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==See Also==
 +
{{AIME box|year=2018|n=I|num-b=12|num-a=14}}
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{{MAA Notice}}

Revision as of 22:57, 8 March 2018

Problem

Let $\triangle ABC$ have side lengths $AB=30$, $BC=32$, and $AC=34$. Point $X$ lies in the interior of $\overline{BC}$, and points $I_1$ and $I_2$ are the incenters of $\triangle ABX$ and $\triangle ACX$, respectively. Find the minimum possible area of $\triangle AI_1I_2$ as $X$ varies along $\overline{BC}$.

Solution

First note that \[\angle I_1AI_2 = \angle I_1AX + \angle XAI_2 = \frac{\angle BAX}2 + \frac{\angle CAX}2 = \frac{\angle A}2\] is a constant not depending on $X$, so by $[AI_1I_2] = \tfrac12(AI_1)(AI_2)\sin\angle I_1AI_2$ it suffices to minimize $(AI_1)(AI_2)$. Let $a = BC$, $b = AC$, $c = AB$, and $\alpha = \angle AXB$. Remark that \[\angle AI_1B = 180^\circ - (\angle I_1AB + \angle I_1BA) = 180^\circ - \tfrac12(180^\circ - \alpha) = 90^\circ + \tfrac\alpha 2.\] Applying the Law of Sines to $\triangle ABI_1$ gives \[\frac{AI_1}{AB} = \frac{\sin\angle ABI_1}{\sin\angle AI_1B}\qquad\Rightarrow\qquad AI_1 = \frac{c\sin\frac B2}{\cos\frac\alpha 2}.\] Analogously one can derive $AI_2 = \tfrac{b\sin\frac C2}{\sin\frac\alpha 2}$, and so \[[AI_1I_2] = \frac{bc\sin\frac A2 \sin\frac B2\sin\frac C2}{2\cos\frac\alpha 2\sin\frac\alpha 2} = \frac{bc\sin\frac A2 \sin\frac B2\sin\frac C2}{\sin\alpha}\geq bc\sin\frac A2 \sin\frac B2\sin\frac C2,\] with equality when $\alpha = 90^\circ$, that is, when $X$ is the foot of the perpendicular from $A$ to $\overline{BC}$. In this case the desired area is $bc\sin\tfrac A2\sin\tfrac B2\sin\tfrac C2$. To make this feasible to compute, note that \[\sin\frac A2=\sqrt{\frac{1+\cos A}2}=\sqrt{\frac{1+\frac{b^2+c^2-a^2}{2bc}}2} = \sqrt{\dfrac{(a-b+c)(a+b-c)}{4bc}}.\] Applying similar logic to $\sin \tfrac B2$ and $\sin\tfrac C2$ and simplifying yields a final answer of \begin{align*}bc\sin\frac A2\sin\frac B2\sin\frac C2&=bc\cdot\dfrac{(a-b+c)(b-c+a)(c-a+b)}{8abc}\\&=\dfrac{(30-32+34)(32-34+30)(34-30+32)}{8\cdot 32}=\boxed{126}.\end{align*}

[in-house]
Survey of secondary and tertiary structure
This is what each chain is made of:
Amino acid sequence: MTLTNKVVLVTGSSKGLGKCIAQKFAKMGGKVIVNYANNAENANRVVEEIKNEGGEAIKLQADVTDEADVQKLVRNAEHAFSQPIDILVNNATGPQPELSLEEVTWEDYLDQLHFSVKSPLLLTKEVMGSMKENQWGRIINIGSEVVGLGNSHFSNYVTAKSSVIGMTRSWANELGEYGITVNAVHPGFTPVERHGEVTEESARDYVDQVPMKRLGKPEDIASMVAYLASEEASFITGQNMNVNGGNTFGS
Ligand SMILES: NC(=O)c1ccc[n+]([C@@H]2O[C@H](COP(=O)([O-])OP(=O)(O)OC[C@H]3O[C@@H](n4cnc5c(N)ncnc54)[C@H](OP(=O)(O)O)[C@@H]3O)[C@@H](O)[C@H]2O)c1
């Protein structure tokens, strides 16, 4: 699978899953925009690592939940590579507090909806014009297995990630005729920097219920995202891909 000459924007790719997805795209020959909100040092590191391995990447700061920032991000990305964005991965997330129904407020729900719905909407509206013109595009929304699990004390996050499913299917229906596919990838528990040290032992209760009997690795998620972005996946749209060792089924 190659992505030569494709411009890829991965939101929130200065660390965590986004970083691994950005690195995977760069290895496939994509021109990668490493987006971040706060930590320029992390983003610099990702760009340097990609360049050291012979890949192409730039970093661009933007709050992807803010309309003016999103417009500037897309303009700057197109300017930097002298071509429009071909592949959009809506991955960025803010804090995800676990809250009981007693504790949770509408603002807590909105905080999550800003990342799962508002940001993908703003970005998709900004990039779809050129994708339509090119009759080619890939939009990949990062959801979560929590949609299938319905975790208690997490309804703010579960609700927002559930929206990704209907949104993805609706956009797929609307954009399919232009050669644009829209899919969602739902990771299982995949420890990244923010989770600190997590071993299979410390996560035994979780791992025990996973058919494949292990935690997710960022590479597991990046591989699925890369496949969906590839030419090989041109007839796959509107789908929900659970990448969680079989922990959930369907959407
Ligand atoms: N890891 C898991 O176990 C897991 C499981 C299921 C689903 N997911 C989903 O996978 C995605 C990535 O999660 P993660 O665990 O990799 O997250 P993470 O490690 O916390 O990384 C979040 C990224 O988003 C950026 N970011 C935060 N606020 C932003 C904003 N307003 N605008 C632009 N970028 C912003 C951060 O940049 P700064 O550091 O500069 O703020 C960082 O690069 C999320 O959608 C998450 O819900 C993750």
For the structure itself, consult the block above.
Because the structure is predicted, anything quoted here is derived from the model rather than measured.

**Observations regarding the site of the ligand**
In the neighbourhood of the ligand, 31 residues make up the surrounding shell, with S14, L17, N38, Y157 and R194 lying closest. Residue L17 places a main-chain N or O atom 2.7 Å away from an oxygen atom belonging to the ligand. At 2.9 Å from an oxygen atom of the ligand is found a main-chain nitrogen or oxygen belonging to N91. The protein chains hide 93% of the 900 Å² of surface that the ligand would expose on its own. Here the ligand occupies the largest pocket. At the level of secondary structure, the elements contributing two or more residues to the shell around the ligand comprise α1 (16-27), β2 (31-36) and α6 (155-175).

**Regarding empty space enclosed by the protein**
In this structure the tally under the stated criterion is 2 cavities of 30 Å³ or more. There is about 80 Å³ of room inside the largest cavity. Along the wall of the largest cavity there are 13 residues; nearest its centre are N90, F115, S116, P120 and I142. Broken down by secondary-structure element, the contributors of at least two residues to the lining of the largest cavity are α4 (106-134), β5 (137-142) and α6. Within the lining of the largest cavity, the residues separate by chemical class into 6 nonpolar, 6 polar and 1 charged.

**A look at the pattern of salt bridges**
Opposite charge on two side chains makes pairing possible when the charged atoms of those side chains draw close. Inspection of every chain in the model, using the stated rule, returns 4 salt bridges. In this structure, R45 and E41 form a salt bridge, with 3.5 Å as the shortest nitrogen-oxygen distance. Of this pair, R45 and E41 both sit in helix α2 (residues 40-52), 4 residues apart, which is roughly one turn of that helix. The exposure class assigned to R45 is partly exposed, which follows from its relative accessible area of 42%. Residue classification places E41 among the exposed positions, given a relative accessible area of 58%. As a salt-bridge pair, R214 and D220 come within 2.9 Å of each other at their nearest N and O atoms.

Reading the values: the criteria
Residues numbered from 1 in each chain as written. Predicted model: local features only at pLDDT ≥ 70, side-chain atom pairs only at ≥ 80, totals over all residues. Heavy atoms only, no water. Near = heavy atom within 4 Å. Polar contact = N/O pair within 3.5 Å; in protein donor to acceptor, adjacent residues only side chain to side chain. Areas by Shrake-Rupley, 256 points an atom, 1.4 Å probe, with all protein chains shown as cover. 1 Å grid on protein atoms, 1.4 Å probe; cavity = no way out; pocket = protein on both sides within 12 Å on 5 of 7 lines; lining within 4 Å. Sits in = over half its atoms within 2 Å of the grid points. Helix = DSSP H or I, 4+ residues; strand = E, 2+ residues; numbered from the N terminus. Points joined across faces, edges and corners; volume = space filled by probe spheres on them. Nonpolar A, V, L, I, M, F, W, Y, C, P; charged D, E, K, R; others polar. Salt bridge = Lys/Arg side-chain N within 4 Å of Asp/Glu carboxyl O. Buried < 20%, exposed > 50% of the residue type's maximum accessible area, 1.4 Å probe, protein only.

See Also

2018 AIME I (ProblemsAnswer KeyResources)
Preceded by
Problem 12
Followed by
Problem 14
1 2 3 4 5 6 7 8 9 10 11 12 13 14 15
All AIME Problems and Solutions